Company leaders are constantly investing time and money in improving the all-around development of their executives through executive coaching. Executive coaching aims to teach managers, executives, and other leaders how to learn, perform, balance, and exceed corporate and individual expectations or limitations. Leaders can expect to improve their leadership skills, self-confidence, emotional intelligence, empathy, flexibility of thinking, and more through executive coaching.
Unlocking a leader’s full potential can greatly benefit an organization, but it is not a miracle fix-all service. While there are many benefits of executive coaching, it is important to understand the service as a whole to avoid common pitfalls.
What Are the Benefits of Executive Coaching?
Executive coaching allows individual leaders to work with a mentor and progress step-by-step to accrue numerous advantages. Below are just some of the benefits of executive coaching that can be invaluable to the upper management or leaders of a company.
Refining a leader’s social skills enable them to be an excellent communicator, negotiator, team member and more.
Executives are only as effective as their team and being able to understand another person’s emotions through empathy helps to build stronger interpersonal relationships and allows executives to lead while being sensitive to other employees.
Learning to be self-aware allows an executive to regulate and understand their feelings instead of blindly continuing old habits. Being self-aware also helps an executive extend their horizons and open up to new perspectives making them more empathetic.
Gaining perspective, empathy, self-awareness, or any other skill on this list will reveal more than just the superficial or obvious and by pushing the boundaries of your mind, you are stretching and strengthening your overall cognitive abilities.
A great leader should know and have a connection with every team member regardless of background, religion, gender, or any other factor. Having a relationship with the team you lead lets you recognize when a team member is struggling or is hungry for more. Having a relationship with the people you lead lets the team feel like a family rather than a disjointed group of individuals.
Motivation is also momentum-based; completing one task gives you a motivational boost to begin another task and push through the long work hours. Self-awareness produces intrinsic motivation to do better creating a cycle of overall self-improvement and when an executive is motivated to grow, that infectious motivation spreads throughout an organization generating a better workplace.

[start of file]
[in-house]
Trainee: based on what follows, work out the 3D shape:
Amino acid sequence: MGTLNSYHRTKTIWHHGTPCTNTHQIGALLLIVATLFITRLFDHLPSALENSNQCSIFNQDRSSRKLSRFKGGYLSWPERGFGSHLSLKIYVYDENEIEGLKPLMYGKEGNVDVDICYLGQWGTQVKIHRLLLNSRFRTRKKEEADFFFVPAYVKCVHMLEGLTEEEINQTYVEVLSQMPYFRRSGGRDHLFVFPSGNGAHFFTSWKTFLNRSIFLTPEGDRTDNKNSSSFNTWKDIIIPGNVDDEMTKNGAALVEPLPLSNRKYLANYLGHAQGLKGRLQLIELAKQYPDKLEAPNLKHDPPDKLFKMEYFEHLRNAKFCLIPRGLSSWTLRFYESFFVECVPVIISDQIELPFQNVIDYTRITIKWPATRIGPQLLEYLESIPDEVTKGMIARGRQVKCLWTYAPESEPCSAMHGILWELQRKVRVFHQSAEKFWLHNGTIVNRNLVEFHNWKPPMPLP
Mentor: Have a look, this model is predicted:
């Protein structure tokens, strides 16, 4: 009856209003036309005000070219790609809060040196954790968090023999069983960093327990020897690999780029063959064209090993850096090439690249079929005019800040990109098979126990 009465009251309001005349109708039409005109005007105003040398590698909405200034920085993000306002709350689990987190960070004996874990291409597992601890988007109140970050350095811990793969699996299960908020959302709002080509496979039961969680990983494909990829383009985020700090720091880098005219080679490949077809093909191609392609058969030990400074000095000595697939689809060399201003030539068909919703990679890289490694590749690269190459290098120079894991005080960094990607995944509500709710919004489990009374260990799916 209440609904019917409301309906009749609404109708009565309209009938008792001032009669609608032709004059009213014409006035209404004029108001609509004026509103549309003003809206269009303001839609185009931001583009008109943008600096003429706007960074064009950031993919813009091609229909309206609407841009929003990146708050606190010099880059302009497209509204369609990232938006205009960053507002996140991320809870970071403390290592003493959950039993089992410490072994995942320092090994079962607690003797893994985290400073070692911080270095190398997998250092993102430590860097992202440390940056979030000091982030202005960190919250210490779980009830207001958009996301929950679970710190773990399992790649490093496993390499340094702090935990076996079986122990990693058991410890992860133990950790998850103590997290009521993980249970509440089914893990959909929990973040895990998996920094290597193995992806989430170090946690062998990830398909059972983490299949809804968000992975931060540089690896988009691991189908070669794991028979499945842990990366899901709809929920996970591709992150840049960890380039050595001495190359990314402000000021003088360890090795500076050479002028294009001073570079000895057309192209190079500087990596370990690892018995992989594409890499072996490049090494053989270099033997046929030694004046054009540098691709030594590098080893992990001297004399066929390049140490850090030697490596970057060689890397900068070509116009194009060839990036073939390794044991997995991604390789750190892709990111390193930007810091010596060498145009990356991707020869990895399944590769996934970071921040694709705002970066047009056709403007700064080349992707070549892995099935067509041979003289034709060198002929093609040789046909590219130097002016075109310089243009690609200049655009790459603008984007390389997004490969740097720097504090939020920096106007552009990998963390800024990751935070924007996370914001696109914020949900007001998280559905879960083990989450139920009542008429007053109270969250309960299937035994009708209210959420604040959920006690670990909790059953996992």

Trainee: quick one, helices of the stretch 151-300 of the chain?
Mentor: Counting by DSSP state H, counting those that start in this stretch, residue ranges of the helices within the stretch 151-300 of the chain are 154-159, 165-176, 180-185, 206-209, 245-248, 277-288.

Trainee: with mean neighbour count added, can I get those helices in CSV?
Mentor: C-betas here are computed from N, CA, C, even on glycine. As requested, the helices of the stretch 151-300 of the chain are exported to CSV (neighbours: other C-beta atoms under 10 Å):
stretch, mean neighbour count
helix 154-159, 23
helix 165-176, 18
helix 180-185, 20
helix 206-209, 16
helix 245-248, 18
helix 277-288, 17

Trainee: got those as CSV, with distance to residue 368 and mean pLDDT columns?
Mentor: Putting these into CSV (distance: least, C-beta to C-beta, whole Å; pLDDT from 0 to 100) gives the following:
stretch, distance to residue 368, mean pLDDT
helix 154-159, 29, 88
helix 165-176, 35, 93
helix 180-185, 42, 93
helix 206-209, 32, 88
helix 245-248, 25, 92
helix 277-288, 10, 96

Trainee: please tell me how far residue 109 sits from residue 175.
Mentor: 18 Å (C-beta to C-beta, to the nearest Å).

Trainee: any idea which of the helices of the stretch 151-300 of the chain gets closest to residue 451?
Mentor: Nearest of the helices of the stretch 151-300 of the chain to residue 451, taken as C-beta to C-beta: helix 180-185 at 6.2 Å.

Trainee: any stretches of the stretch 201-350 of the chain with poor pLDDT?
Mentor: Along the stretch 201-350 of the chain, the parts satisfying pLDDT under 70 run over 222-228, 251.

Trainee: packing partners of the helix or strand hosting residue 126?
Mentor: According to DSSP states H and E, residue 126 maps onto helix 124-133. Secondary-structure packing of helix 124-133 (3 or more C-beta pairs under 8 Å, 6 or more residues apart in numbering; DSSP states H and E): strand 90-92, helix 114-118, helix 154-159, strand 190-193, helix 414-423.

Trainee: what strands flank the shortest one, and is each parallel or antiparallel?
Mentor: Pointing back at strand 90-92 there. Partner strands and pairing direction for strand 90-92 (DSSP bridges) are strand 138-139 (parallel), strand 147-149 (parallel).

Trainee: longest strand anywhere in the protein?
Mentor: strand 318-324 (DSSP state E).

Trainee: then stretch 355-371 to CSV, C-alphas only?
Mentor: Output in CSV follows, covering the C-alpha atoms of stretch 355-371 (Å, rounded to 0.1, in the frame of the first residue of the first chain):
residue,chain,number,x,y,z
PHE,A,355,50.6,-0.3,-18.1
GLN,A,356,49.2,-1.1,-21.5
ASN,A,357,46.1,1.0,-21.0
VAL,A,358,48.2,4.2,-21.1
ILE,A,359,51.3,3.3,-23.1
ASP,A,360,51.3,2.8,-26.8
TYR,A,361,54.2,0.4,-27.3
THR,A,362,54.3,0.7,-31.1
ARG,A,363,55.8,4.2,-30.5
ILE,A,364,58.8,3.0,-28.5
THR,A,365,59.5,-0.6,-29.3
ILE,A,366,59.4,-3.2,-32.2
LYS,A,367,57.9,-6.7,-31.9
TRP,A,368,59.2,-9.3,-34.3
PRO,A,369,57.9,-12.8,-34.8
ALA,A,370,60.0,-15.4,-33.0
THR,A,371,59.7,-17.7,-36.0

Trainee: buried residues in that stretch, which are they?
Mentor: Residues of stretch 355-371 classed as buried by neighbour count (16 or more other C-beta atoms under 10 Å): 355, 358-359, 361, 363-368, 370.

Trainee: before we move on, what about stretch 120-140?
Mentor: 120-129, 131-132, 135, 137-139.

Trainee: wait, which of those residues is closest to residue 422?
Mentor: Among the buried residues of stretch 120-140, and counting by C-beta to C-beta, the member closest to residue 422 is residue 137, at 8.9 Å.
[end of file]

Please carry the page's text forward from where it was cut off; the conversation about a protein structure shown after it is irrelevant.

Leadership is about solving problems in an empathetic, sensitive, emotionally intelligent, and understanding way so that when subordinates have a problem, they are confident their leader can find a solution and feel they honestly care about the situation.
What Are the Risks of Executive Coaching?
Executive coaching can be a fruitful investment when provided at the right time, with the right executive coach, and to the right leader. However, if the wrong coach is provided at the wrong time to the wrong person, an organization can end up wasting resources and time. To reap the full benefits of executive coaching, you must understand the intended purpose of a coach and how to avoid common coaching risks.
Selecting a Coach
The executive coaching industry is largely unregulated and fragmented. Carefully screen, vet, and interview a potential executive coach for appropriate education and industry-relevant experience.
Executive coaching must find a balance between confidentiality and sharing information as too much confidentiality can greatly limit the effectiveness of the coach and sharing too much information might compromise the business or professional relationships.
Regardless of how productive and successful a coaching session is, if there is no long term follow up any short-term benefits will likely dissipate over time. The general rule is to schedule a follow up three to six months after the conclusion of a coaching series.
Selecting a Client to Receive Executive Coaching
For coaching to work, the client must be receptive and open to change. Someone who accepts feedback well is likely going to respond well to coaching while someone set in their ways may brush off a coach’s suggestions.
The Coach’s Role
An executive coach should not be a messenger, advocate, evaluator, or any role other than a coach as these roles taint the overall mission of providing benefits for both the executive and the company.
Why Hire an Executive Coach
There are many executive coaching benefits and bringing in an executive coach can greatly improve an organization. But keep in mind, it’s important to match the coach to the executive. Both have their own style, personality, experience and knowledge that can undermine the effectiveness of the coaching program. With the right coach, the right executive, at the right time, an executive can develop new skills, become a better leader, and spread their positive influence to improve their organization.
SkillSource Learning’s team of highly skilled executive coaches can help your organization grow in every area and department. Our executive and team coaching methodologies can help you leverage business imperatives while improving human values and relationships and focusing on the objective to be successful. Contact us today for more information on our coaching programs.